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VOL. 44 | NO. 38 | Friday, September 18, 2020

`Fired up' Biden discusses strategy with Senate Democrats

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WASHINGTON (AP) — A "fired up" Joe Biden joined Senate Democrats for an online lunch Thursday and told allies that he is taking nothing for granted in the race for the White House  and the down-ballot effort to wrest the Senate's majority control from Republicans.

The 30-minute event was a homecoming of sorts for the former Delaware senator who now is his party's presidential nominee. Yet it took place at a grave moment, with the COVID-19  crisis and economic distress hanging over an election like no other. Biden fielded questions, particularly from senators facing reelection, about his strategy win back the chamber and defeat President Donald Trump.

"You could tell he's really fired up and he's working hard and is going to be be out there and be much as he possibly can," said Michigan Sen. Gary Peters, who is seeking for a new term.

Biden is on offense this week  over the president's handling of the coronavirus crisis. He planned to be near Scranton, Pennsylvania, his boyhood hometown, later Thursday for a CNN town hall, following Trump's on ABC this week. The appearances have been considered tuneups before the three presidential debates; the first is Sept. 29.

As Trump prepared for an evening rally in Wisconsin, Biden seized on the president openly contradicting  the nation's top health officials to claim a vaccine would be ready as early as next month, just before the Nov. 3 election.

"Mark my words — if I'm president, I'll always level with the American people, and I'll always tell the truth," Biden said in a statement..

On the private call, Biden did not take on Trump directly, but outlined what's at stake, senators said.

"He just said, 'You know what we're up against. You know why this is so important,'" said Sen. Debbie Stabenow, D-Mich., a party leader who organized the event.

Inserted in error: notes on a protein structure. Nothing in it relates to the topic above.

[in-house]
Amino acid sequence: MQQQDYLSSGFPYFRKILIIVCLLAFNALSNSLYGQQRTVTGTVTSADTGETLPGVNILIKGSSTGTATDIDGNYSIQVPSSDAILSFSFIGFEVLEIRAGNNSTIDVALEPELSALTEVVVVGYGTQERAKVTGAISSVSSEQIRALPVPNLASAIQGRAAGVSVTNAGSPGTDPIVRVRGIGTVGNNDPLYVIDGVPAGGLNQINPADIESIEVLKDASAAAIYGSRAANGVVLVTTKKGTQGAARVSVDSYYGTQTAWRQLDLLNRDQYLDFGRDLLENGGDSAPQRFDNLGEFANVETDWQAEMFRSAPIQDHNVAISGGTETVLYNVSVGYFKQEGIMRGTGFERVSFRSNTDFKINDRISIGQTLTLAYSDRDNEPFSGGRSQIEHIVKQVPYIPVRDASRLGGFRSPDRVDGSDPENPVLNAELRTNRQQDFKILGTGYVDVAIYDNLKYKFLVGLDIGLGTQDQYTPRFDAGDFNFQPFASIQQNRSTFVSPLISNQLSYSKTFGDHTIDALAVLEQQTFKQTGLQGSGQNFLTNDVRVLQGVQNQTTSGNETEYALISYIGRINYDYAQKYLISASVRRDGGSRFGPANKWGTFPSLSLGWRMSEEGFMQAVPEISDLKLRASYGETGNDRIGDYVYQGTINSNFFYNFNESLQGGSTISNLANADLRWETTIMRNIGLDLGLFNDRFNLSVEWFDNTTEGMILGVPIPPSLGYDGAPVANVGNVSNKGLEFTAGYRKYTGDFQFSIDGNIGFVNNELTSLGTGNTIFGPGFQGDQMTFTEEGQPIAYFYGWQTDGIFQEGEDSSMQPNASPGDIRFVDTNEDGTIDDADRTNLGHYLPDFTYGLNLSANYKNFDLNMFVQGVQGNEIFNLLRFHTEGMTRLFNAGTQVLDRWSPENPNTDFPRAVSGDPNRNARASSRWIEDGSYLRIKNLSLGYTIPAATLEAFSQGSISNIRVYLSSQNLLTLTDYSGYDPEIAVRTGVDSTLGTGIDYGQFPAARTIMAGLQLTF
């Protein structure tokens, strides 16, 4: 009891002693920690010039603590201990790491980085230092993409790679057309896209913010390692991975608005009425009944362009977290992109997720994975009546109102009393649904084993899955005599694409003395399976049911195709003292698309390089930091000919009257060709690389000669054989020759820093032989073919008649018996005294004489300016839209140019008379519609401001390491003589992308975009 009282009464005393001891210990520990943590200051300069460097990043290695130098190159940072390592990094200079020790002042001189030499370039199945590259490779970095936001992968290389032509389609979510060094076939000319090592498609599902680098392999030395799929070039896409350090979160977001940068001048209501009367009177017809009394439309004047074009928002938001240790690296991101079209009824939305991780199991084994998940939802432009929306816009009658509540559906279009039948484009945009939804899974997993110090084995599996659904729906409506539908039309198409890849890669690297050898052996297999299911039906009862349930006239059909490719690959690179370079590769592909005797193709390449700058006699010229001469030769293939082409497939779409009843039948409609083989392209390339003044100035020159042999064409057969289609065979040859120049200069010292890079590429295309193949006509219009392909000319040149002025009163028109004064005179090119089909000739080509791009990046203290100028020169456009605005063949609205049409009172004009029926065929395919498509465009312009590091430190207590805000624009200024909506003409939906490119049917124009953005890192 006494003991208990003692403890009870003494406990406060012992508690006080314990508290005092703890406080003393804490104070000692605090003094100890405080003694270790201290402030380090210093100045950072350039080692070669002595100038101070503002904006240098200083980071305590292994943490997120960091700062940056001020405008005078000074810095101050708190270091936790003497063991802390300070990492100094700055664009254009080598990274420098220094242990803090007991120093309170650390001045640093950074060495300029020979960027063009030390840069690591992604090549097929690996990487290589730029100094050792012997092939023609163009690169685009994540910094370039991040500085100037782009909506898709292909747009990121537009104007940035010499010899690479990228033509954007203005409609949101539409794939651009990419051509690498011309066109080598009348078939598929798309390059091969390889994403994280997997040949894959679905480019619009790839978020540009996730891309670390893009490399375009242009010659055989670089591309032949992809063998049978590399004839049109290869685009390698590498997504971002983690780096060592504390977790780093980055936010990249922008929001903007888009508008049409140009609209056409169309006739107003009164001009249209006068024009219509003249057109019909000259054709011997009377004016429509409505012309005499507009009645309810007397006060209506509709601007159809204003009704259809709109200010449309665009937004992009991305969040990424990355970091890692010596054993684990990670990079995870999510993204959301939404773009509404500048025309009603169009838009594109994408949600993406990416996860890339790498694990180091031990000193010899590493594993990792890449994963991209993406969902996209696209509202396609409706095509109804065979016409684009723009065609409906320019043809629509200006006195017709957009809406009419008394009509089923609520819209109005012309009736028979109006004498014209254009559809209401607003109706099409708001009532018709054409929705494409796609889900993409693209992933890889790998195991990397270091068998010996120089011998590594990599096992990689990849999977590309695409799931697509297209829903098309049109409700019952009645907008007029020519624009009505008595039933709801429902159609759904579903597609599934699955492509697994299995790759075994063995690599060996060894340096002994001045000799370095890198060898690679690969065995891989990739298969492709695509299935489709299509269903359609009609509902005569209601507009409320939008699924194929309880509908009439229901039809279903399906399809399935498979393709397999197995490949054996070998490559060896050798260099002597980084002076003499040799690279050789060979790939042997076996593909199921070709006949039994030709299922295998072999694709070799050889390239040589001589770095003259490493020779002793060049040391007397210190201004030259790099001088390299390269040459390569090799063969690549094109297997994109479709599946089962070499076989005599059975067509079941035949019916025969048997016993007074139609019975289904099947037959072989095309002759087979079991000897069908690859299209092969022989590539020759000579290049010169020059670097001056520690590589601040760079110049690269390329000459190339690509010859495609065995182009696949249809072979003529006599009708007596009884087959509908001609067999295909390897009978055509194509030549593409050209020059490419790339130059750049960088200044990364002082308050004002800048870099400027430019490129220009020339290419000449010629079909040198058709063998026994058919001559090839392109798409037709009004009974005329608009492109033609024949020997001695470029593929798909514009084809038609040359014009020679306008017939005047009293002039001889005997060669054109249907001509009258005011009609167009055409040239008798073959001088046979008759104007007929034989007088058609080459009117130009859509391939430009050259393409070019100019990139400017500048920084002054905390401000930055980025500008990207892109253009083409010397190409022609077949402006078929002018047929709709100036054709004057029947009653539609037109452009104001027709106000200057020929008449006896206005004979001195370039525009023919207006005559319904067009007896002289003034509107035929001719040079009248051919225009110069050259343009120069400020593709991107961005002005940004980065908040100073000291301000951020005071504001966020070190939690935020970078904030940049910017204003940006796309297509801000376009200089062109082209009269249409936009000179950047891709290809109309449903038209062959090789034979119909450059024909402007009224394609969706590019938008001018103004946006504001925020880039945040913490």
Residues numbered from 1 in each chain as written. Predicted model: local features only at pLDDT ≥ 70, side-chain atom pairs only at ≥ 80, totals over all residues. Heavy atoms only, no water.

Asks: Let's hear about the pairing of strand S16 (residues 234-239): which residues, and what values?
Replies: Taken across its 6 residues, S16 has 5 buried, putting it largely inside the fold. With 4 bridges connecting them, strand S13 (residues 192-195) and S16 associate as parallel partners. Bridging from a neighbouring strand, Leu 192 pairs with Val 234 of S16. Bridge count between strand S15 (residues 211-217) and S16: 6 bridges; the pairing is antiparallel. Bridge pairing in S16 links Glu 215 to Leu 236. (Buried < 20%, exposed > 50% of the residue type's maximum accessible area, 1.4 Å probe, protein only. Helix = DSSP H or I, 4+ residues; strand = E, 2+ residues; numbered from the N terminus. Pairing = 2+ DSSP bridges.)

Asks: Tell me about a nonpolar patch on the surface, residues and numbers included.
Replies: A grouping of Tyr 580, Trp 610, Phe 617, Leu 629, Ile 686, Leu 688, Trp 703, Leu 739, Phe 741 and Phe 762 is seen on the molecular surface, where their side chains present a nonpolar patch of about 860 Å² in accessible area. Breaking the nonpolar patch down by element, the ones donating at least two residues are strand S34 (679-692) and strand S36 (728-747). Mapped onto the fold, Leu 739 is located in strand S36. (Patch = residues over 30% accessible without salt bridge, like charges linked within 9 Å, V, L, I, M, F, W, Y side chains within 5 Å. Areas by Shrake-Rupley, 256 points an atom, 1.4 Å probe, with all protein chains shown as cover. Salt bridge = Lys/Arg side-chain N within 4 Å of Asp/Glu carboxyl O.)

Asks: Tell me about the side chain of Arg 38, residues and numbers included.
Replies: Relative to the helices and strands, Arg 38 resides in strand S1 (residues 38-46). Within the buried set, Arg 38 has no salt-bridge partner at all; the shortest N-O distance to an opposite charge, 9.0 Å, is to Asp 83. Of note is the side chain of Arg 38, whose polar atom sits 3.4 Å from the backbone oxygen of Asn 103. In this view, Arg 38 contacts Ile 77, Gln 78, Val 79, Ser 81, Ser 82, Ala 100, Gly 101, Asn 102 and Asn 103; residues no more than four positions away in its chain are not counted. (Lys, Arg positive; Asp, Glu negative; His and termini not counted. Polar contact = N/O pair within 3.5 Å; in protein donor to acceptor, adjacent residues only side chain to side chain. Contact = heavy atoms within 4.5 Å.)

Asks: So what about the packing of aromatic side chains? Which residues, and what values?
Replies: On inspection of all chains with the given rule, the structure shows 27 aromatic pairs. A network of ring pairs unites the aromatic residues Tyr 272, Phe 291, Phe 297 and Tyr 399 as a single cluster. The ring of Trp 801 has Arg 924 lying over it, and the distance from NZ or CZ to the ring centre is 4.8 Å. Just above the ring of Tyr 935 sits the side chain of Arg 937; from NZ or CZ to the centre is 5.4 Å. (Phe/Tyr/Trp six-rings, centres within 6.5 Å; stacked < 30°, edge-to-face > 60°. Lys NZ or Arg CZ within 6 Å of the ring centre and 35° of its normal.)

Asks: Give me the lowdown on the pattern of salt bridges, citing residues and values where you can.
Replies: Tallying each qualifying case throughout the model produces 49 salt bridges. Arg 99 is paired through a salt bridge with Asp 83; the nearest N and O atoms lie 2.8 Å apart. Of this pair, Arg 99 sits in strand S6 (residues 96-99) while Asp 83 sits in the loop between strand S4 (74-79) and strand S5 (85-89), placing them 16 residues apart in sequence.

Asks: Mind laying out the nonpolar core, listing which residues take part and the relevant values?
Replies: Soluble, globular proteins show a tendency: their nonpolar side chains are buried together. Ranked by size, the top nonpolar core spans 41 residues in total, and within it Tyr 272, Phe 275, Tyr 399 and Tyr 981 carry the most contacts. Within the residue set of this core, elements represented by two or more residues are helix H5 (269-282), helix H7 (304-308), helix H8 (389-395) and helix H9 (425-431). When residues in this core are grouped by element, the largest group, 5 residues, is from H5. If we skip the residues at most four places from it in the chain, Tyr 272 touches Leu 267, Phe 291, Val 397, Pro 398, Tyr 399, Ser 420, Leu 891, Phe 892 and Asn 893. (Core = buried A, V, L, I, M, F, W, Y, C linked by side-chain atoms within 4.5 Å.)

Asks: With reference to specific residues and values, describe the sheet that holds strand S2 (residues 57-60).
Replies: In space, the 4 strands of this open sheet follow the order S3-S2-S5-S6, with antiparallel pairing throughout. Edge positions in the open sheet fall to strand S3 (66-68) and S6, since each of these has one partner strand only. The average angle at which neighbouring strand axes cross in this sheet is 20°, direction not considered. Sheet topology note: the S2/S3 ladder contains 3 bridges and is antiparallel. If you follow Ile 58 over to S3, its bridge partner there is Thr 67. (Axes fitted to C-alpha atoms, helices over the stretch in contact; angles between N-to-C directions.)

Biden's message, said, Sen. Ben Cardin, D-Md., was clear: "They're ready."

Biden's campaign team has come under scrutiny  in recent days over its outreach efforts, particularly for what some see as short shrift with Latino voters. At the same time, Democrats have mixed views over the party's get-out-the-vote effort that largely bypasses traditional door knocking to avoid health risks during the pandemic, instead relying on virtual outreach. Vice presidential nominee Kamala Harris scheduled an event in Philadelphia on Thursday with Latino leaders and elected officials.

Concerns run high among senators over Russian election interference, stalled funding to shore up state election systems and Trump's attempts to starve the U.S. Postal Service  of needed money just as many Americans will be mailing in their ballots to avoid crowds at polling stations during the virus crisis.

Sen. Chris Coons, D-Del., a Biden confidant, said the former vice president generally has been careful not to talk too explicitly about the opening months of a new administration.

"He must have said this three times, 'I take nothing for granted,'" Coons told reporters afterward.

Yet looking ahead, senators were eager to discuss a potential Biden White House — especially if Democrats control the Senate. Republicans have a narrow three-seat hold on the chamber, putting Democrats within reach of a flip.

Biden's longest-serving adviser, Ted Kaufman, who succeeded him in the Senate when he became vice president in 2009, is leading that process. Dana Remus, the campaign's general counsel, and lawyer Bob Bauer, a White House counsel to President Barack Obama, also are playing key roles.

Tops on any 2021 agenda would surely be a COVID-19 plan and economic rescue package. Whoever is president will also likely confront a battle over funding for the government, with Congress now compiling legislation to avert a shutdown for the coming months.

Senate Democratic leader Chuck Schumer of New York joined House Speaker Nancy Pelosi, D-Calif., at the Capitol as Democrats highlighted their proposed national COVID-19 strategy to test and trace caseloads to try to "crush" the pandemic crisis.

The Democratic approach is outlined with $75 billion in the House-passed Heroes Act, which was a nonstarter in the Senate. Senate Republicans countered with $16 billion for testing in their bill as the two sides reached an impasse.

___

Barrow reported from Atlanta.

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